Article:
I’m very excited to post that I’ve just finished composing a work: World as Lover, World as Self, for solo piano and orchestra, commissioned by the Donaueschinger Musiktage for a premiere at the 100th Anniversary (!) edition of the festival on 16th October this year. The work is written for the fabulous pianist Tamara Stefanovich with the Orchestre Philharmonique du Luxembourg conducted by Ilan Volkov. It’s scored for a suitably Covid-times-sized orchestra of 23 players*
The work is divided into 4 movements:
2. Heirlooms (of sorrow and protest)
3. Twinkle, Twinkle, Little Star
4. The Great Turning
The title of the work comes from the book World as Lover, World as Self by Joanna Macy, eco-philosopher, activist, teacher, and scholar of Buddhism, systems thinking and deep ecology. The section titles refer to the structure of Macy’s teaching which moves in a spiral sequence from ‘gratitude, then, honoring our pain for the world, seeing with fresh eyes, and finally, going forth.’ Each stage is a portal to compassion that reaches beyond the small self to a connection with the intra-dependent co-arising nature of the larger Self of existence.
That all sounds rather grand… as is writing a piano concerto…
But I made this piece from a place of more uncertainty than usual. I describe my process as one of foraging—looking for wild nutrients and medicines. I hunted through impressions of meeting and talking with pianist Tamara Stefanovich (on zoom) and through vestigial memories of listening to Schumann; but I also foraged on twitter—with its entangled threads of rage and grief and fake-ness and truth amongst personal messages in metaphorical bottles—a place of strange fairy tale effects in which time, and cause and effect are askew. I was foraging for the things that one finds in fairy tales—magic beans, poison apples, hallucinogenic mushrooms, talking rocks or animals or birds, good and bad entities—that create a passage between realities.
The orchestra and piano soloist with their shiny virtuosity and technē are offered passage into other realms via moments of beautiful resonance, noise, and through voicings of sonic forms of stuck emotions. Embracing gratitude, sharing grief and outrage (the beans and apples and mushrooms of a story) can lead us, as Macy says, to ‘a terrain that exceeds your delimited self’. The tale tries to tell of how bonded we are to each and every thing.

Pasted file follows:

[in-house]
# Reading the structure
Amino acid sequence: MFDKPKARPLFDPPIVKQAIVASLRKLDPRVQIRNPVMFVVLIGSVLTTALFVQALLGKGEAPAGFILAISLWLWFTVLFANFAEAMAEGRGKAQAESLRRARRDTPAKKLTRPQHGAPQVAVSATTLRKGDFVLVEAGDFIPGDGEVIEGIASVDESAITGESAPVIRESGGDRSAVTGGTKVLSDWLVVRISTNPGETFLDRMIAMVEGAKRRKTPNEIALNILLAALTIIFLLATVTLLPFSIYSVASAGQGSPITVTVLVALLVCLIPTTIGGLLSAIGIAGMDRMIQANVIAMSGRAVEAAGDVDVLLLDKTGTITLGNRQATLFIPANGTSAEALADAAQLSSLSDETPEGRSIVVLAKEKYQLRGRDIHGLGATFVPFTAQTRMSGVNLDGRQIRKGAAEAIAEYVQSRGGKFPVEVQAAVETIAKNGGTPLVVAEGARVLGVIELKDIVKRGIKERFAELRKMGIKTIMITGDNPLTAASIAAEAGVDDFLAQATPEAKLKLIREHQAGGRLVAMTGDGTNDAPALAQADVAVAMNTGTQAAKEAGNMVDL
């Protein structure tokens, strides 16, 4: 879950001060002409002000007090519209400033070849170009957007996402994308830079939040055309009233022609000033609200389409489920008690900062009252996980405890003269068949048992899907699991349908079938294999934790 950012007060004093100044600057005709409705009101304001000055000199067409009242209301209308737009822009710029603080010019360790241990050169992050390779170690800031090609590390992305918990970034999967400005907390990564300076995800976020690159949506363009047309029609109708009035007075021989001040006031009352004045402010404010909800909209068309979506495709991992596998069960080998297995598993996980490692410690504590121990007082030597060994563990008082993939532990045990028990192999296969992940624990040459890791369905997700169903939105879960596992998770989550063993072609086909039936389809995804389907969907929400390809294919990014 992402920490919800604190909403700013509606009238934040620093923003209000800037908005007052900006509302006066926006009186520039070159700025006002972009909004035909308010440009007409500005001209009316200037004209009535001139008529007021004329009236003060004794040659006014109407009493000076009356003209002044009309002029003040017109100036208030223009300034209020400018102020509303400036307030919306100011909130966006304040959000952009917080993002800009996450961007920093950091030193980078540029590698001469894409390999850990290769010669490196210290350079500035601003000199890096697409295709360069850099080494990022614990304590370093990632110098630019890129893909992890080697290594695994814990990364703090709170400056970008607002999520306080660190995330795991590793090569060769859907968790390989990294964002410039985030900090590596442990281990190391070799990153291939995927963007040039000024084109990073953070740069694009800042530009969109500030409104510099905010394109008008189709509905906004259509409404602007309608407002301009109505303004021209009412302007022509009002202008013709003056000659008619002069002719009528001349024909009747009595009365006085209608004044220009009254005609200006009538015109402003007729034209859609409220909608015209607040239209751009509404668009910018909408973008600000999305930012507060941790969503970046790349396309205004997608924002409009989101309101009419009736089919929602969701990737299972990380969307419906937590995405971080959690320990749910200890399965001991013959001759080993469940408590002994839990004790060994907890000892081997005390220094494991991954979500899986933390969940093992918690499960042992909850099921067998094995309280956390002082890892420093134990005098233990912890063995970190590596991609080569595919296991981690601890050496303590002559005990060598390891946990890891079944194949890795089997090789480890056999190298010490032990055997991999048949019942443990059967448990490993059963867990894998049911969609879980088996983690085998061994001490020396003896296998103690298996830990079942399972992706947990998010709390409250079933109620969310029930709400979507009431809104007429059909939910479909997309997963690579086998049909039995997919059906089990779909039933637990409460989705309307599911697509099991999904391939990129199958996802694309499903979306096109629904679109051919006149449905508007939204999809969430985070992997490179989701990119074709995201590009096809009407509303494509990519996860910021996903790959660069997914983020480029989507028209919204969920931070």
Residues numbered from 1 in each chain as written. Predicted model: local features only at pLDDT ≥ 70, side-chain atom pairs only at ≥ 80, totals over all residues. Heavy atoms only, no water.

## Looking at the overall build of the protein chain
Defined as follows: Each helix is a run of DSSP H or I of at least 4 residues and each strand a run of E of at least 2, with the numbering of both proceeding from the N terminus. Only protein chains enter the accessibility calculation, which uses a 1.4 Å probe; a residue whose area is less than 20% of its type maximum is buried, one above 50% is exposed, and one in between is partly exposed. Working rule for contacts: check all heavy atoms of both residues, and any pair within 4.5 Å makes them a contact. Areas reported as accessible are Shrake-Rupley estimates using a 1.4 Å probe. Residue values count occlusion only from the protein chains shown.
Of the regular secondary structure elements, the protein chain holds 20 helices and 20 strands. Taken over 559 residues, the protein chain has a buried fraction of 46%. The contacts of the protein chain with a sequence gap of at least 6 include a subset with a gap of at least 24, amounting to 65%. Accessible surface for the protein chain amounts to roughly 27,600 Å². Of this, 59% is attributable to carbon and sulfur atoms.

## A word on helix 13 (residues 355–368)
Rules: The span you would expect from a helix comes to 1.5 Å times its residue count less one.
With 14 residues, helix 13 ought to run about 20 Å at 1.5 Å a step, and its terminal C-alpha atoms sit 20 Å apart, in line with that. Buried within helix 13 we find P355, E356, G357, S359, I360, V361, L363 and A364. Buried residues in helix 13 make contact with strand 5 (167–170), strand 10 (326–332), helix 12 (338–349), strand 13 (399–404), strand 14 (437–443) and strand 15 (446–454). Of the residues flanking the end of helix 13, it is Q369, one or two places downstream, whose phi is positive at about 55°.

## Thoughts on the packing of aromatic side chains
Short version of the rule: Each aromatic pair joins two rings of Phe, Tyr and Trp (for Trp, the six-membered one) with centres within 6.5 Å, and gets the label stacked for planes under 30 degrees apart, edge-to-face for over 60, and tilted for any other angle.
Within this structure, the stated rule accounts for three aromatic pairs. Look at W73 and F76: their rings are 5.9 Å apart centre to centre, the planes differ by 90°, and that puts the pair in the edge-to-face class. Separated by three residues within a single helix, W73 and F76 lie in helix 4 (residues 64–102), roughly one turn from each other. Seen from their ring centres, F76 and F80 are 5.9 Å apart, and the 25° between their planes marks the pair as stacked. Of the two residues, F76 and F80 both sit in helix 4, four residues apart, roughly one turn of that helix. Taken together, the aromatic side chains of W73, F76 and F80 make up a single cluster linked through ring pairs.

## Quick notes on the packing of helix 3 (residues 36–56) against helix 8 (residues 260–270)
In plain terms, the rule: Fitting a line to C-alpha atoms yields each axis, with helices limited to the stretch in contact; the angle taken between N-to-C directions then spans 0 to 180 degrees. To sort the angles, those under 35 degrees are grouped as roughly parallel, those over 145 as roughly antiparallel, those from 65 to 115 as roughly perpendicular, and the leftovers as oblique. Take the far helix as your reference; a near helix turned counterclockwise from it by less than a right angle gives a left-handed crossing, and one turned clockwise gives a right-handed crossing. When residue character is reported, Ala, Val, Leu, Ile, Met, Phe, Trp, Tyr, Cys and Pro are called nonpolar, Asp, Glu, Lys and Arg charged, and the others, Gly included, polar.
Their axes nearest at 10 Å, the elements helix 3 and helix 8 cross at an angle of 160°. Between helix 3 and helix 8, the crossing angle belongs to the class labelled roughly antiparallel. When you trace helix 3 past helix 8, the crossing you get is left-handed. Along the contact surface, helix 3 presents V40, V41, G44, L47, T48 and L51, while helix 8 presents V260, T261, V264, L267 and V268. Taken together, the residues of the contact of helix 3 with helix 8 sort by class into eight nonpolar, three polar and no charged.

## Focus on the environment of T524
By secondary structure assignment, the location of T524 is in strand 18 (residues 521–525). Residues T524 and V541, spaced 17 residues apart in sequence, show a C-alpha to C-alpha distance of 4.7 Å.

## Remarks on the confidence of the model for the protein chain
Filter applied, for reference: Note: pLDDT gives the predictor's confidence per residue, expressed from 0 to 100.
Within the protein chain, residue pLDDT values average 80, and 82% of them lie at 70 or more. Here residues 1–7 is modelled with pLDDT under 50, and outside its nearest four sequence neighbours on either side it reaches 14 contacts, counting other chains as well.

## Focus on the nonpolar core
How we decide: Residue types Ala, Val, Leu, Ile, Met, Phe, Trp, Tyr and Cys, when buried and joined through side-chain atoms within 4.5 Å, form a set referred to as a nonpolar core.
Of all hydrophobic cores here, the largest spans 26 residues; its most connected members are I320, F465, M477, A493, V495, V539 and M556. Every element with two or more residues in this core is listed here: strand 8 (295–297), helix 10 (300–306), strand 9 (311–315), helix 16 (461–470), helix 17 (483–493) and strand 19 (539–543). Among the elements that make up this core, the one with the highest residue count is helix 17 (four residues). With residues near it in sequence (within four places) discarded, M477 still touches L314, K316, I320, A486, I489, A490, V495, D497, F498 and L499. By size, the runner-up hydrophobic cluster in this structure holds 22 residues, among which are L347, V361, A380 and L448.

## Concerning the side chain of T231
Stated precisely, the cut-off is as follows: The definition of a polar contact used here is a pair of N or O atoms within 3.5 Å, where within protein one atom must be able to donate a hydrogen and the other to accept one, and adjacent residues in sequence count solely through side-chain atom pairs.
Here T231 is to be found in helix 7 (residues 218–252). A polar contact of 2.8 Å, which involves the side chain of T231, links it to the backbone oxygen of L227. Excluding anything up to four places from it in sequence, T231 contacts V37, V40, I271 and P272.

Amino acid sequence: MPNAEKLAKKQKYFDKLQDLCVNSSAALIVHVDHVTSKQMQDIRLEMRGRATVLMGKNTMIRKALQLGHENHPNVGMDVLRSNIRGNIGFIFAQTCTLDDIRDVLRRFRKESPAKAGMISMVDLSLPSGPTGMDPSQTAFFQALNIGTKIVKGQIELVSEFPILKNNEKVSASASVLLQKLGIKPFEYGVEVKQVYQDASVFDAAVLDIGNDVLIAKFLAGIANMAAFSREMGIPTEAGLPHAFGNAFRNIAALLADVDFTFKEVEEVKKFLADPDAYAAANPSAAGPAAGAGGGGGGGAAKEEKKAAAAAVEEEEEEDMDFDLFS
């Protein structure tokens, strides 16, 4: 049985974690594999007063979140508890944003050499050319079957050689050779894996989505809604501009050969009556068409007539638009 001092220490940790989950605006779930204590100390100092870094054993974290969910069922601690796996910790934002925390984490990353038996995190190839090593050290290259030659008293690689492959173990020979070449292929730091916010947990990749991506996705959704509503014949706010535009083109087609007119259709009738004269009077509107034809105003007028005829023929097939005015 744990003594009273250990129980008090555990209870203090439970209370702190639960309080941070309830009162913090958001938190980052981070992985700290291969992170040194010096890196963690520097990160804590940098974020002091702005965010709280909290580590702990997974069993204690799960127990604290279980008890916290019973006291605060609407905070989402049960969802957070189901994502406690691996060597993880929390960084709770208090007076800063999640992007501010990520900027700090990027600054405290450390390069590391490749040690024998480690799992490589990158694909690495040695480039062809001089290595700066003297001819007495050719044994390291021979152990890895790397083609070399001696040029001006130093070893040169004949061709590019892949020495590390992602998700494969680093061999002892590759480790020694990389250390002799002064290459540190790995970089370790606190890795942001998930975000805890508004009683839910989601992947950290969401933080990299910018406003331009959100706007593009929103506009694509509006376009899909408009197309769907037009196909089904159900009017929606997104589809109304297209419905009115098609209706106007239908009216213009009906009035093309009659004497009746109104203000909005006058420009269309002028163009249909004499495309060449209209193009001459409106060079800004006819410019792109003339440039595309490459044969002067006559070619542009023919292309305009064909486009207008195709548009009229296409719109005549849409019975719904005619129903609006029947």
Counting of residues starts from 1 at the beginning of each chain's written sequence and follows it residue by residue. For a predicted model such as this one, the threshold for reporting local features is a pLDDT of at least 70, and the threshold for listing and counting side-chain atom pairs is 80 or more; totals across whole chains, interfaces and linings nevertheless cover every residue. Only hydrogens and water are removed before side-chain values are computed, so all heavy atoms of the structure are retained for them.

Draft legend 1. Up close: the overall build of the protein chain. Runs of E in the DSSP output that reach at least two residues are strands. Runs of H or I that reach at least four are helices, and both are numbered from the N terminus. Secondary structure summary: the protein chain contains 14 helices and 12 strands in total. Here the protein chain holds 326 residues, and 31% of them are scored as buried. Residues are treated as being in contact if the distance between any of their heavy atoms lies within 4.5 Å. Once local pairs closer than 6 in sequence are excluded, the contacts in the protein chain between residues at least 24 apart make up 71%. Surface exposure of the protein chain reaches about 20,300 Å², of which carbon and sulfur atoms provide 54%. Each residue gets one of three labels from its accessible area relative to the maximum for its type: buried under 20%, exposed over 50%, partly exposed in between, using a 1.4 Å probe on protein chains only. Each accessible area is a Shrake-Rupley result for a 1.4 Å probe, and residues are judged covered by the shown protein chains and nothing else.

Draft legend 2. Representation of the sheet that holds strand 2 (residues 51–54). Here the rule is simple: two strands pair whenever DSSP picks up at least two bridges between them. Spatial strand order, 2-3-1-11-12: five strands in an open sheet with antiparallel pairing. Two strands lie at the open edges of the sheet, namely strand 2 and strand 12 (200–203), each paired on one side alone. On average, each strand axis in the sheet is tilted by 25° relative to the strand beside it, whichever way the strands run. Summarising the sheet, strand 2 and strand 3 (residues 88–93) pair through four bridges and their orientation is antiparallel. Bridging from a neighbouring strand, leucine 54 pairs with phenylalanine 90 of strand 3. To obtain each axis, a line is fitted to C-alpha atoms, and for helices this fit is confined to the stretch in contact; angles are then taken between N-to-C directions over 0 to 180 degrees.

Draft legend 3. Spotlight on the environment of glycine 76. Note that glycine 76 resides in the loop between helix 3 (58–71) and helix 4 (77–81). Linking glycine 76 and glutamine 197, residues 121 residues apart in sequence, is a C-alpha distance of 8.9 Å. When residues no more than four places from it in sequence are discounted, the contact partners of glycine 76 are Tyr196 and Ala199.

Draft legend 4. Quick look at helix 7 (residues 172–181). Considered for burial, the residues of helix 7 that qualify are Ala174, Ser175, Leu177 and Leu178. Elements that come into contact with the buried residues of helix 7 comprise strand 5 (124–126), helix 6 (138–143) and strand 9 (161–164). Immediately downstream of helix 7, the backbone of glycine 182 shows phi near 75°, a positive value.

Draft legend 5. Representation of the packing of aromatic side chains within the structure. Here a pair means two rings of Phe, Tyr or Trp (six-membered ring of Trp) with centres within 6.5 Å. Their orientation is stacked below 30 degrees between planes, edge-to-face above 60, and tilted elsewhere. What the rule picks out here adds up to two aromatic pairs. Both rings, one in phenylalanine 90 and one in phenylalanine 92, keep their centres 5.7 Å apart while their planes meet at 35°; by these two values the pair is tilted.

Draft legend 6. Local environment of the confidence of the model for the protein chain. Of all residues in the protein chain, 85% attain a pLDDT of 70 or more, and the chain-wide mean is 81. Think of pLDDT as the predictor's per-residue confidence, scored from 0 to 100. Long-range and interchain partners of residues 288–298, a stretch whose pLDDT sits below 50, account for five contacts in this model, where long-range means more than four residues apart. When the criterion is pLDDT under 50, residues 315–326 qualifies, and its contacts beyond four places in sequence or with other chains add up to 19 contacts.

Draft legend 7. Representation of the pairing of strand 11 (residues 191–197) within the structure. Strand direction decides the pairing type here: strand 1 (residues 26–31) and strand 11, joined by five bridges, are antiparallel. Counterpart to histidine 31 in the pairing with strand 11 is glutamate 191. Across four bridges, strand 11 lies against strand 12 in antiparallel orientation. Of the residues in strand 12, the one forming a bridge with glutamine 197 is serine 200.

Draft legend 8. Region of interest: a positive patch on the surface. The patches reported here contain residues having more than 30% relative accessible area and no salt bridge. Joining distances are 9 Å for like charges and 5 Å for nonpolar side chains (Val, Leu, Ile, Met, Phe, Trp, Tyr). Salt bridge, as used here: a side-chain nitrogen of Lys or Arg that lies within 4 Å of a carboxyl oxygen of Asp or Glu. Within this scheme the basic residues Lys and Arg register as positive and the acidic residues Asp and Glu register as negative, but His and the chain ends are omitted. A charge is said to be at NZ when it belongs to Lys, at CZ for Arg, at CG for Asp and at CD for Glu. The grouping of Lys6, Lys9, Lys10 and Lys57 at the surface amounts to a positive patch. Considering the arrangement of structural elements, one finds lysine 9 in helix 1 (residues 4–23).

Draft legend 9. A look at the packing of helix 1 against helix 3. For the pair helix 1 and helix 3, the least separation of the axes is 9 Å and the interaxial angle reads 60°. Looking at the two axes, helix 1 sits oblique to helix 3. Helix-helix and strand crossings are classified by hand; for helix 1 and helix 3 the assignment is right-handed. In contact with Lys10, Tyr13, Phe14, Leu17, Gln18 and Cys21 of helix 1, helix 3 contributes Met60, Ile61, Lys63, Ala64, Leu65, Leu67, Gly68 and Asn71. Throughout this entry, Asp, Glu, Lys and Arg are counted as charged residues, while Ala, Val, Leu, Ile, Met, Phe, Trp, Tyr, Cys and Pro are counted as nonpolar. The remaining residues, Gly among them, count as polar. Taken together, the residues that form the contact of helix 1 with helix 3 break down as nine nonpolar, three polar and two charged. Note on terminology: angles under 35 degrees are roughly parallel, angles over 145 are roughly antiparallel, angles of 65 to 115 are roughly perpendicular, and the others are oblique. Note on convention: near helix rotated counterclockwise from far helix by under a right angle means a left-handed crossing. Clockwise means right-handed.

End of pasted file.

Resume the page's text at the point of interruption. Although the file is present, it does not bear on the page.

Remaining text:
A nursery rhyme appears in the third movement of the work: ‘Twinkle, Twinkle Little Star’ – the English words from the 19thC are attributed to Jane Taylor sung to the old French melody ‘Ah! vous dirai-je, maman’ (Mozart wrote a set of variations on this tune). The lullaby is also a song of resistance associated with the 4-year old Australian-born girl Tharnicaa Murugappan, her older sister Kopika and their parents who fled Sri Lanka as refugees. The family have been held in detention by the Australian Government for the last 3 years despite passionate and sustained protests led by the Biloela community (see #HometoBilo) from which they were taken. Each year, people in the Australian community and celebrities sing this favourite song of Tharnicaa’s on her birthday in solidarity.
Ah! vous dirai-je, maman,
Ce qui cause mon tourment?
Up above the world so high,
Like a diamond in the sky.
Twinkle, twinkle, little star,
How I wonder what you are!
There are so many worlds nested within worlds…
Let me circle around this tale-telling again. Fiction as a deformation of the familiar can show us a reality effect in the way that experimental physics does—both deal with conditions of emergence rather than a singular reality. When I speculate using metaphors, I’m trying to reach beyond mimesis towards knowledge in the process of formation. Rather than translating one thing into another and assuming that this operation is graspable, I’m interested in looking for another way of knowing. Metaphors can be thought of as informal permutations of the world, exposing something of the process of worlding.
I look on helplessly at the page as things arise and dissipate.
Simply breathing and listening I wander around in the vast night.
[sunset image, Kooljaman, Bardi Jawi Aboriginal-run resort at Cape Leveque, Western Australia. photo, L Lim, 2008]
*Orchestral forces are:
flute (piccolo), oboe (cor anglais), clarinet (bass clarinet), bassoon (contraforte), horn, trumpet, trombone, 1 percussion, violin 1, violin 2, viola, ‘cello, double bass (minimum string numbers: 22.214.171.124.2) + solo piano